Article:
It is a welcome development that President Trump will soon meet with North Korea’s Leader Kim Jong Un. The meeting may represent a turning point in the diplomatic relations between the US and North Korea, and unravel highly pressing security issues for the US, Northeast Asia and the international community as a whole.
President Trump should heed the point of view of the UN special rapporteur on human rights in the Democratic People’s Republic of Korea. He should combine talks on denuclearization with an open and firm discussion on the serious human rights situation in North Korea. This issue should be an integral component of the agenda of the meeting so as to send the message that respect and protection of human rights are issues of essential importance to the US and the international community. Depending on how the dialogue will unfold, President Trump should propose diplomatic and economic incentives for North Korea to begin improving its human rights record.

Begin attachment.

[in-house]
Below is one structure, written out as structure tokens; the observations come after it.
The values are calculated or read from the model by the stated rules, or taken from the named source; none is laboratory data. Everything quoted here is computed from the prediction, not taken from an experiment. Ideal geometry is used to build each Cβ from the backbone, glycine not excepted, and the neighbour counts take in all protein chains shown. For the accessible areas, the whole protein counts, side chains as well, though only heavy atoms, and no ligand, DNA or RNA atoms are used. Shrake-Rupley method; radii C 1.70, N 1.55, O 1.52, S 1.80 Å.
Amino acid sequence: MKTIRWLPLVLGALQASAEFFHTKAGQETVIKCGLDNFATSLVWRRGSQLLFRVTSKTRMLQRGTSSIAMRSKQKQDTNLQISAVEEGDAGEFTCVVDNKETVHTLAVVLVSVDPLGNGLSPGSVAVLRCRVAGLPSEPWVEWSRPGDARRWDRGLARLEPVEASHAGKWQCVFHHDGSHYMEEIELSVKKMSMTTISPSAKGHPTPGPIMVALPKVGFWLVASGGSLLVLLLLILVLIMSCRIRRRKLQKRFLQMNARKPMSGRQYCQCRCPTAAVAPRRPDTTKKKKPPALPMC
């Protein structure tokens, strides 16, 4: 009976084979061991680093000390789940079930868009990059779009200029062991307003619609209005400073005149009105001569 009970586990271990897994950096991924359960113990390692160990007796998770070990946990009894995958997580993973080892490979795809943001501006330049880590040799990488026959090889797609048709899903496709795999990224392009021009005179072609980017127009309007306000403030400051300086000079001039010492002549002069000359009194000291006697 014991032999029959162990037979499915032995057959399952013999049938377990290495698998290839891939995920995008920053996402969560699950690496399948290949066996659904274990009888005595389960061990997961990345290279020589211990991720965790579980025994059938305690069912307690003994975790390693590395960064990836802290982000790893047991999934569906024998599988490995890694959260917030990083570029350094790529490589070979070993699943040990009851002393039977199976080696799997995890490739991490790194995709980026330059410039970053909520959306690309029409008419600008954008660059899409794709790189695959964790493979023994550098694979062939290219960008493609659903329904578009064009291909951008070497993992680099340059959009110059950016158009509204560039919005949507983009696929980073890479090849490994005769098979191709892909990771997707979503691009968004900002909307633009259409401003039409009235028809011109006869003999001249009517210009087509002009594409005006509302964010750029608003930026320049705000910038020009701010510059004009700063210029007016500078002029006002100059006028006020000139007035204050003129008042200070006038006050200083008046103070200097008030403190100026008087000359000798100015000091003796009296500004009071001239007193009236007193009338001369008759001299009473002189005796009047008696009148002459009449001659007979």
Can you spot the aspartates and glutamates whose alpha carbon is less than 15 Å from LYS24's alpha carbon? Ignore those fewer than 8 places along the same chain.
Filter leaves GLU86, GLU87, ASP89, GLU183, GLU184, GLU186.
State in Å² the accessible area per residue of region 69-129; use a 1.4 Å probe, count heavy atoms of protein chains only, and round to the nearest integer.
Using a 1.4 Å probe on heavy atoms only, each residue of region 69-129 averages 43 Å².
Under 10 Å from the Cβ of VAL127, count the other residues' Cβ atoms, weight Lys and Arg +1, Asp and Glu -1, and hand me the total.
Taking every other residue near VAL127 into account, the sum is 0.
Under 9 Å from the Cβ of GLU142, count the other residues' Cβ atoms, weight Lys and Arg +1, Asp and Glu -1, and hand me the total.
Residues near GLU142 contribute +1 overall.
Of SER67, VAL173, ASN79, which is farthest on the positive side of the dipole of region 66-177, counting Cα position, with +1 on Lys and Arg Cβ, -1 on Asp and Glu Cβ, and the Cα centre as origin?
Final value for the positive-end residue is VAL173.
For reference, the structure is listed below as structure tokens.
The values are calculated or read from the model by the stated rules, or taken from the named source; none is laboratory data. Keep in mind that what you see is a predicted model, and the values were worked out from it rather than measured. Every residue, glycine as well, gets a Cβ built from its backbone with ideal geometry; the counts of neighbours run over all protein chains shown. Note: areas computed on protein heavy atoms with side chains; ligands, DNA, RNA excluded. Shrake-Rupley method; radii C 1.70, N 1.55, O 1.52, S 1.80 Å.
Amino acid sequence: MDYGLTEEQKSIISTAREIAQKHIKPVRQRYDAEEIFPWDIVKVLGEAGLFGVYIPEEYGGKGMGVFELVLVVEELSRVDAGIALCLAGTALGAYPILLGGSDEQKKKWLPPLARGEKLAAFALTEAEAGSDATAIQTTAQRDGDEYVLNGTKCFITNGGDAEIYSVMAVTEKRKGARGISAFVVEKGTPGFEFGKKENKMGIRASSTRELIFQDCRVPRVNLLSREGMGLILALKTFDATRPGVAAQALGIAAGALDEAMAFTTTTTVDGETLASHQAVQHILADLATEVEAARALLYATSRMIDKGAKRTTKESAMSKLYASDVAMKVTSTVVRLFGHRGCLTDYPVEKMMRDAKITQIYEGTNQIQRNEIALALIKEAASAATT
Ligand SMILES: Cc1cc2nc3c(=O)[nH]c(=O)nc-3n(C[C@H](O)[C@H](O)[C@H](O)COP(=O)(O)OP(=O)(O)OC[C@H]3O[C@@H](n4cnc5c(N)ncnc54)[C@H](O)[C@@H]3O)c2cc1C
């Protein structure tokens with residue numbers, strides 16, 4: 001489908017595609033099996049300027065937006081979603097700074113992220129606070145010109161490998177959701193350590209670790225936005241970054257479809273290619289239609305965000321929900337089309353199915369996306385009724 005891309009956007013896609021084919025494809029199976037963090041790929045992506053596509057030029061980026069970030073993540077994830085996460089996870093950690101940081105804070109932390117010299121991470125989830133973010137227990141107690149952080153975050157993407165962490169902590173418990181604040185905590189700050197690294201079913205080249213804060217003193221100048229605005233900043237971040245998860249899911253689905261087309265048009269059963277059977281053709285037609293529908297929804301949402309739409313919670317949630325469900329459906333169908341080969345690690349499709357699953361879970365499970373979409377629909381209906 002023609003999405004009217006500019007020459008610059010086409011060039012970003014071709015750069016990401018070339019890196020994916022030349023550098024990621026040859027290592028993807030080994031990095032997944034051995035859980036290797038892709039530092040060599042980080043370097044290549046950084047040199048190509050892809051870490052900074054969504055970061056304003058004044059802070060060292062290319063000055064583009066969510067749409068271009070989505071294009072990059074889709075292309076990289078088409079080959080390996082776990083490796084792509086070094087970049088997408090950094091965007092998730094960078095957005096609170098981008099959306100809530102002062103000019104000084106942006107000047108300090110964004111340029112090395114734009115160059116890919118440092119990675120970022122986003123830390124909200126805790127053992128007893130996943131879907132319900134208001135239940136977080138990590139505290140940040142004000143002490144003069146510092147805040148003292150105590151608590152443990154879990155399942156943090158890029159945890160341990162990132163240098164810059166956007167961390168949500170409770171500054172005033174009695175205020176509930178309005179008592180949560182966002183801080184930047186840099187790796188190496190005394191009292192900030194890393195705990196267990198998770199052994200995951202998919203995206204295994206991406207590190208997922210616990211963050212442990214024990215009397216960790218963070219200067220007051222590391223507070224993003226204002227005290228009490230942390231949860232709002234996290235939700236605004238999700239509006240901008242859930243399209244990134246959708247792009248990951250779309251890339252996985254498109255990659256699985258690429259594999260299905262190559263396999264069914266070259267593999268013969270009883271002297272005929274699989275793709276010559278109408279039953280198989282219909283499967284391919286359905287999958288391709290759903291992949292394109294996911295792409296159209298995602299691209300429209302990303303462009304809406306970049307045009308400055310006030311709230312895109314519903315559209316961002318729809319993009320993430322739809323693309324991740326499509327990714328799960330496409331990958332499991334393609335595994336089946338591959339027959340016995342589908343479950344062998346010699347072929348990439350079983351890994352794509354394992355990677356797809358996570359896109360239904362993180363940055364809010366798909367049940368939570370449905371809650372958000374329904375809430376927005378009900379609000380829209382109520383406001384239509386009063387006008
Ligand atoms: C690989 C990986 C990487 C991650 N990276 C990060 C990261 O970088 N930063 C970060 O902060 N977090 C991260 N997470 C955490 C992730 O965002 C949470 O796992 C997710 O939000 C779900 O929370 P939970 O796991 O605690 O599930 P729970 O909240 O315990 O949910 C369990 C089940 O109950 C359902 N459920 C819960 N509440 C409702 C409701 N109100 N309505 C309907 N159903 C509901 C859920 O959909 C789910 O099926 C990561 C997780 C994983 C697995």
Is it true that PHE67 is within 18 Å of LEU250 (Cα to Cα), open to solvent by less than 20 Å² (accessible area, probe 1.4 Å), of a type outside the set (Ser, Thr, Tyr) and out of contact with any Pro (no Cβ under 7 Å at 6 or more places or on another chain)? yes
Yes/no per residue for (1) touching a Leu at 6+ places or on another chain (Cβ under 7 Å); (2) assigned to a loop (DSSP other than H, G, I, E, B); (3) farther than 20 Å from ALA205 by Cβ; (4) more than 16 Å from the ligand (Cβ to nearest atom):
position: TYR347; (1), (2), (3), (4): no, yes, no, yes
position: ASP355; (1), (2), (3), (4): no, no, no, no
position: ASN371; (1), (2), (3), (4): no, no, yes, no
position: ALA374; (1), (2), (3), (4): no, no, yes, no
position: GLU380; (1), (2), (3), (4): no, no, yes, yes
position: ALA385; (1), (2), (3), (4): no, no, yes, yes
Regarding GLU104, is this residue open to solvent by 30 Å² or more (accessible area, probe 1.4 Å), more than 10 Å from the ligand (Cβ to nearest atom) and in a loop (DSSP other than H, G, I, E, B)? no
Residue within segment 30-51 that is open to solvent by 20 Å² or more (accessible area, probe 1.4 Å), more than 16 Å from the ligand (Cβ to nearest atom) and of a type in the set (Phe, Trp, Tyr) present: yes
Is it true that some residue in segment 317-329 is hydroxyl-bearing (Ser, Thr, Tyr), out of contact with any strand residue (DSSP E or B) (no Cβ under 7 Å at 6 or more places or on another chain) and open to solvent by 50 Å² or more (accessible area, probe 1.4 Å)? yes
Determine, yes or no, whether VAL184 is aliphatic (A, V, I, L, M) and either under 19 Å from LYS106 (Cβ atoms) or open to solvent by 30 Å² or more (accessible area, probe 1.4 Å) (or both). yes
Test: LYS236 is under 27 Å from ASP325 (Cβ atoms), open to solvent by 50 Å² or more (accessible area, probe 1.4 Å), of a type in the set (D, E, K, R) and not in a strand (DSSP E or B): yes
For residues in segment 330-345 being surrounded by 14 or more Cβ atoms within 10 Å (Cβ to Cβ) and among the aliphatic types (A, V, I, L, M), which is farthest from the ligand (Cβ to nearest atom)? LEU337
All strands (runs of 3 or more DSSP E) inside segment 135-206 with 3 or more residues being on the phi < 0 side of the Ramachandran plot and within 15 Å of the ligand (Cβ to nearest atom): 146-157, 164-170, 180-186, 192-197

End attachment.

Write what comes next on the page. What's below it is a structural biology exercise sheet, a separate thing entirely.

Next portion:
Issues that should be on the table should mirror concerns and issues highlighted in the latest report of the UN special rapporteur on human rights in the Democratic People’s Republic of Korea. They include:
- the situation of persons who are forcibly repatriated in North Korea;
- the use of violence against children, men, women and pregnant women in detention centers near the border with China;
- the situations of abducted foreign nationals and foreign nationals deprived of their liberty;
- granting access to North Korean detention facilities to the International Committee of the Red Cross;
- restrictions to freedom of information;
- food security for vulnerable groups of North Korean society; and
- inviting human rights monitors to undertake an on-site mission in North Korea relatively soon.
It is encouraging that reports strongly suggest that the US President is prepared to raise human rights issues during the momentous meeting. The way the President will frame these issues and the outcome he will provoke can considerably contribute to the advancement of human rights in one of the most repressive countries of the world.
 The report is available at https://documents-dds-ny.un.org/doc/UNDOC/GEN/N17/290/81/PDF/N1729081.pdf?OpenElement, (accessed on April, 18, 2018).